Acceptance rates at leading colleges have fallen by nearly 50% over the last decade. It’s a tough field to navigate and the academic competition has never been more intense.
So, the question is: how are you going to stand out from the crowd? Having an endless list of exceptional grades on your application will undoubtedly set a good tone, but this simply isn’t enough to distinguish an applicant anymore.
To succeed in the current landscape, you are going to need more than just a few grades on a page to be victorious and secure a place at your dream college. Across the country, there are thousands of hopeful applicants with impeccable grades.
Many others are also likely to be able to list a dozen clubs, councils and bodies that they have been involved in throughout student life. Are you serious about getting into your dream college?
It’s time to rethink your strategy. You need to create a game plan for crafting the perfect application. Letters of recommendation from your teachers should be an essential component of your game plan.
With universities and colleges currently being spoiled for choice, their selection process puts an emphasis on a person’s character to help further distinguish applicants.
It’s hard to replicate a student’s character. After all, everyone is unique, with personality traits and quirks, making us who we are. For this reason, a student’s character becomes an important qualitative metric that educational institutions can use to further distinguish a pool of high-achieving applicants who, on paper, appear almost identical.
So the million-dollar question remains—how do I ask my teachers for college recommendation letters?
Here at Superapplicant, we want to give you three crucial tips to help you secure letters of recommendation from your teachers.
Speak to the teachers who know you best
The last thing you want is a recommendation letter that feels generic. You are looking for highly-personalized pieces of written content, detailing your unique characteristics in the classroom. To find these, you should speak to the teachers who know you best.
You shouldn’t automatically approach a teacher who has given you the highest grade in a subject. Although a recommendation letter from them might be helpful, make sure you seek out the teachers who really understand who you are as a student.
By doing this, you are more likely to receive a recommendation letter with a personal touch. This helps college admissions staff to build a picture in their heads as to what kind of character you are in the classroom.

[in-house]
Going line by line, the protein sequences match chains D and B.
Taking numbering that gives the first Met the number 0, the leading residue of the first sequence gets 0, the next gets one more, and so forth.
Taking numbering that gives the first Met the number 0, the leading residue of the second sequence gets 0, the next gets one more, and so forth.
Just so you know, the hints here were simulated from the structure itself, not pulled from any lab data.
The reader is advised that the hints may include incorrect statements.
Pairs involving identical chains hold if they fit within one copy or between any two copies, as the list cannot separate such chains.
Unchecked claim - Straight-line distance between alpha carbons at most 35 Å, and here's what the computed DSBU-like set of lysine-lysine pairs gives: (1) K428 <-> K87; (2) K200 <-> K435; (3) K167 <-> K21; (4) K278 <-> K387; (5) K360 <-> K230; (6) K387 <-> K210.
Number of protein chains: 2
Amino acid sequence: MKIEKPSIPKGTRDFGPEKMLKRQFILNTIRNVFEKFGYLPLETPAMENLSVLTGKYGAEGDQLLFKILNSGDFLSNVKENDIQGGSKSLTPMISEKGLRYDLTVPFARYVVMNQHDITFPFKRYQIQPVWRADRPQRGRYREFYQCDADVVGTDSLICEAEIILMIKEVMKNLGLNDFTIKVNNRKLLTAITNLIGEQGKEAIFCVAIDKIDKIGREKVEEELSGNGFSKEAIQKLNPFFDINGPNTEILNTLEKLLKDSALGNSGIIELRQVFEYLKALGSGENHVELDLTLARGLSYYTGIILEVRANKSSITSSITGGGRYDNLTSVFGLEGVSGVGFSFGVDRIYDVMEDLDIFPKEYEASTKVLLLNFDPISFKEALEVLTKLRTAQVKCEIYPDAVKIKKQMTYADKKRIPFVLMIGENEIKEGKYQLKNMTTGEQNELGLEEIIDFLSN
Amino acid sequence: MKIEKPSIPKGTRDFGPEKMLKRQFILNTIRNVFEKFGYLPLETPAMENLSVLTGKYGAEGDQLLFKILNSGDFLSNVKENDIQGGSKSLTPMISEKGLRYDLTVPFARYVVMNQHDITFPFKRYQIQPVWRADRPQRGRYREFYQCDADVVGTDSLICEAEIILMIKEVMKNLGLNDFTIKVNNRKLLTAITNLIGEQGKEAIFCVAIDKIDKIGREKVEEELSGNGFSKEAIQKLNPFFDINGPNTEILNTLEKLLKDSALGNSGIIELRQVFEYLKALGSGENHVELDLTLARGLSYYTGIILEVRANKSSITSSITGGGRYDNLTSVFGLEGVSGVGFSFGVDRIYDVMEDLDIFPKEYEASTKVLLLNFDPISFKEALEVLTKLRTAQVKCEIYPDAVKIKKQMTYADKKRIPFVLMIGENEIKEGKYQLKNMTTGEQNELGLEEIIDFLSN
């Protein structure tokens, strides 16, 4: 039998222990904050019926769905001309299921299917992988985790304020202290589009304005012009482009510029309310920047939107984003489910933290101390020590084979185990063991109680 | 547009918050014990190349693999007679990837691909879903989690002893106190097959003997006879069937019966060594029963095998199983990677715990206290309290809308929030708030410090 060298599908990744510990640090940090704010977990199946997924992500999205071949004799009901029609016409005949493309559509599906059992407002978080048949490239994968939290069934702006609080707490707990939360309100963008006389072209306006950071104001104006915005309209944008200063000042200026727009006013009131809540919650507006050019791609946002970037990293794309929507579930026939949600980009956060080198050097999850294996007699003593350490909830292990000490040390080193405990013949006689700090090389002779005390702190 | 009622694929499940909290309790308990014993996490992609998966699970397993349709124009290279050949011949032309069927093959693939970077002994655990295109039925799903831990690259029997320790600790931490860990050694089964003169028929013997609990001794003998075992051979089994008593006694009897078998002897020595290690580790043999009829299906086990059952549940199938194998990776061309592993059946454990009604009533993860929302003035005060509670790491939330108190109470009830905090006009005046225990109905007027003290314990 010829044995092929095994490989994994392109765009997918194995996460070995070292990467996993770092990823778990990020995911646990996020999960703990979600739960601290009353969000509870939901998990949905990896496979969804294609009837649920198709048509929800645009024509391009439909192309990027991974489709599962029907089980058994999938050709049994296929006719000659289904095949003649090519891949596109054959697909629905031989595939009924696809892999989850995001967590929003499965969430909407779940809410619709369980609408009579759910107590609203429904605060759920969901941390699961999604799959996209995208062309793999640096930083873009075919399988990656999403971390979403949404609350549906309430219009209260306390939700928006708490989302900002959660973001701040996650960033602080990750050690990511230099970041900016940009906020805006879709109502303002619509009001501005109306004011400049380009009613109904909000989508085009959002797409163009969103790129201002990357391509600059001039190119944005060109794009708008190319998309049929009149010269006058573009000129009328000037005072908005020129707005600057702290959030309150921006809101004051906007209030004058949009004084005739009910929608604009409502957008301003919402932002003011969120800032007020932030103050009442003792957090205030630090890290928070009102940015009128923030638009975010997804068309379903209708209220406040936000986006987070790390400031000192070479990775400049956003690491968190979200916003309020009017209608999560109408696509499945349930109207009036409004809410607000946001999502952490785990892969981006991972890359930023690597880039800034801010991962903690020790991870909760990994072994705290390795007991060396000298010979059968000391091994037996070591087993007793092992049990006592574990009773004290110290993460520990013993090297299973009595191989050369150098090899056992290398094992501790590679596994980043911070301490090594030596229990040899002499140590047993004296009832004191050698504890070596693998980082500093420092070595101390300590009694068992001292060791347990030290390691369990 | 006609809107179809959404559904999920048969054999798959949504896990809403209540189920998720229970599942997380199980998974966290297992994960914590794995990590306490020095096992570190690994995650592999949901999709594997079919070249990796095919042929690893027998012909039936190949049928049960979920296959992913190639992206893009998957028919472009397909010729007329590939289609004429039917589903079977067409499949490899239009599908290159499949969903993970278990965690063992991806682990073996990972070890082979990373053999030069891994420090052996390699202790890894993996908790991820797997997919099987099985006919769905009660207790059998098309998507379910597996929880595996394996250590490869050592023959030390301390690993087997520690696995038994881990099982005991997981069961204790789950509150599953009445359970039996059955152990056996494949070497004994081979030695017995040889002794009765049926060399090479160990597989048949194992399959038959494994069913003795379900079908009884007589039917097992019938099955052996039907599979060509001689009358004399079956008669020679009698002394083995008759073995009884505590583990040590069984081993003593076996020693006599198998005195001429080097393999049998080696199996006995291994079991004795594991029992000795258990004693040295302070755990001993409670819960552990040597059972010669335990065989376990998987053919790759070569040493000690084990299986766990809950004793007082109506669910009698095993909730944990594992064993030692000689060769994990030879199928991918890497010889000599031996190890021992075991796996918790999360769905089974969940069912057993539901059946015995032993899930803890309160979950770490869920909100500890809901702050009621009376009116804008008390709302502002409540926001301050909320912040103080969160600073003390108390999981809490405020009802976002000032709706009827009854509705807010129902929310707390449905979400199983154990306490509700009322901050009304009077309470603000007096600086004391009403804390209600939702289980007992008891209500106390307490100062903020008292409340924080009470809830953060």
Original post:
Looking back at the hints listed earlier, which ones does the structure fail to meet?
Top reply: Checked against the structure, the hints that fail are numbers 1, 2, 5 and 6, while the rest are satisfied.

If you approach academic teachers from your most recent years, they will hopefully be able to refer back to examples of you demonstrating specific qualities in the classroom.
Strategically plan a workflow
Teachers are busy people. They are not going to be able to produce a perfectly-crafted recommendation letter at the drop of a hat. You are going to need to give them some time.
At Superapplicant, we suggest putting together a calendar to map out the process of approaching teachers. This will ensure that you have given them a reasonable amount of time for them to write a letter, without it
affecting your application deadlines.
We would consider a minimum of one month to be a suitable amount of time to wait for a letter of recommendation.
If you have not received a letter by this time, politely follow-up with the teacher. They all have hectic workloads and your calendar should allow for the delays this could bring.
Let teachers know if there's anything you'd like to highlight
With some teachers, there may be an opportunity for you to specifically tell them what you’re looking for in the letter.
College admissions teams treat recommendation letters like a single piece of a larger jigsaw puzzle. They want to understand who you are and a letter helps to piece together the overall picture.
Do you find it hard to sing your own praises? Are there stories of achievement that only a particular teacher could write about?
You should talk to your teachers about the things you would like them to highlight in the letter.
It’s important to remember—teachers are often writing multiple recommendation letters, so it’s easy for them to overlook things that could make a difference to your application.
Letters of recommendation are an important part of the college admissions process, but you'll need more than a few words of praise, especially if you're vying for a spot at a top U.S. college.
If you're looking to apply to a highly competitive U.S. college, consider enrolling in our Admissions Accelerator, a one-of-a-kind program designed to improve students' chances for admission by up to 10x the standard rate.
Learn more about the program here.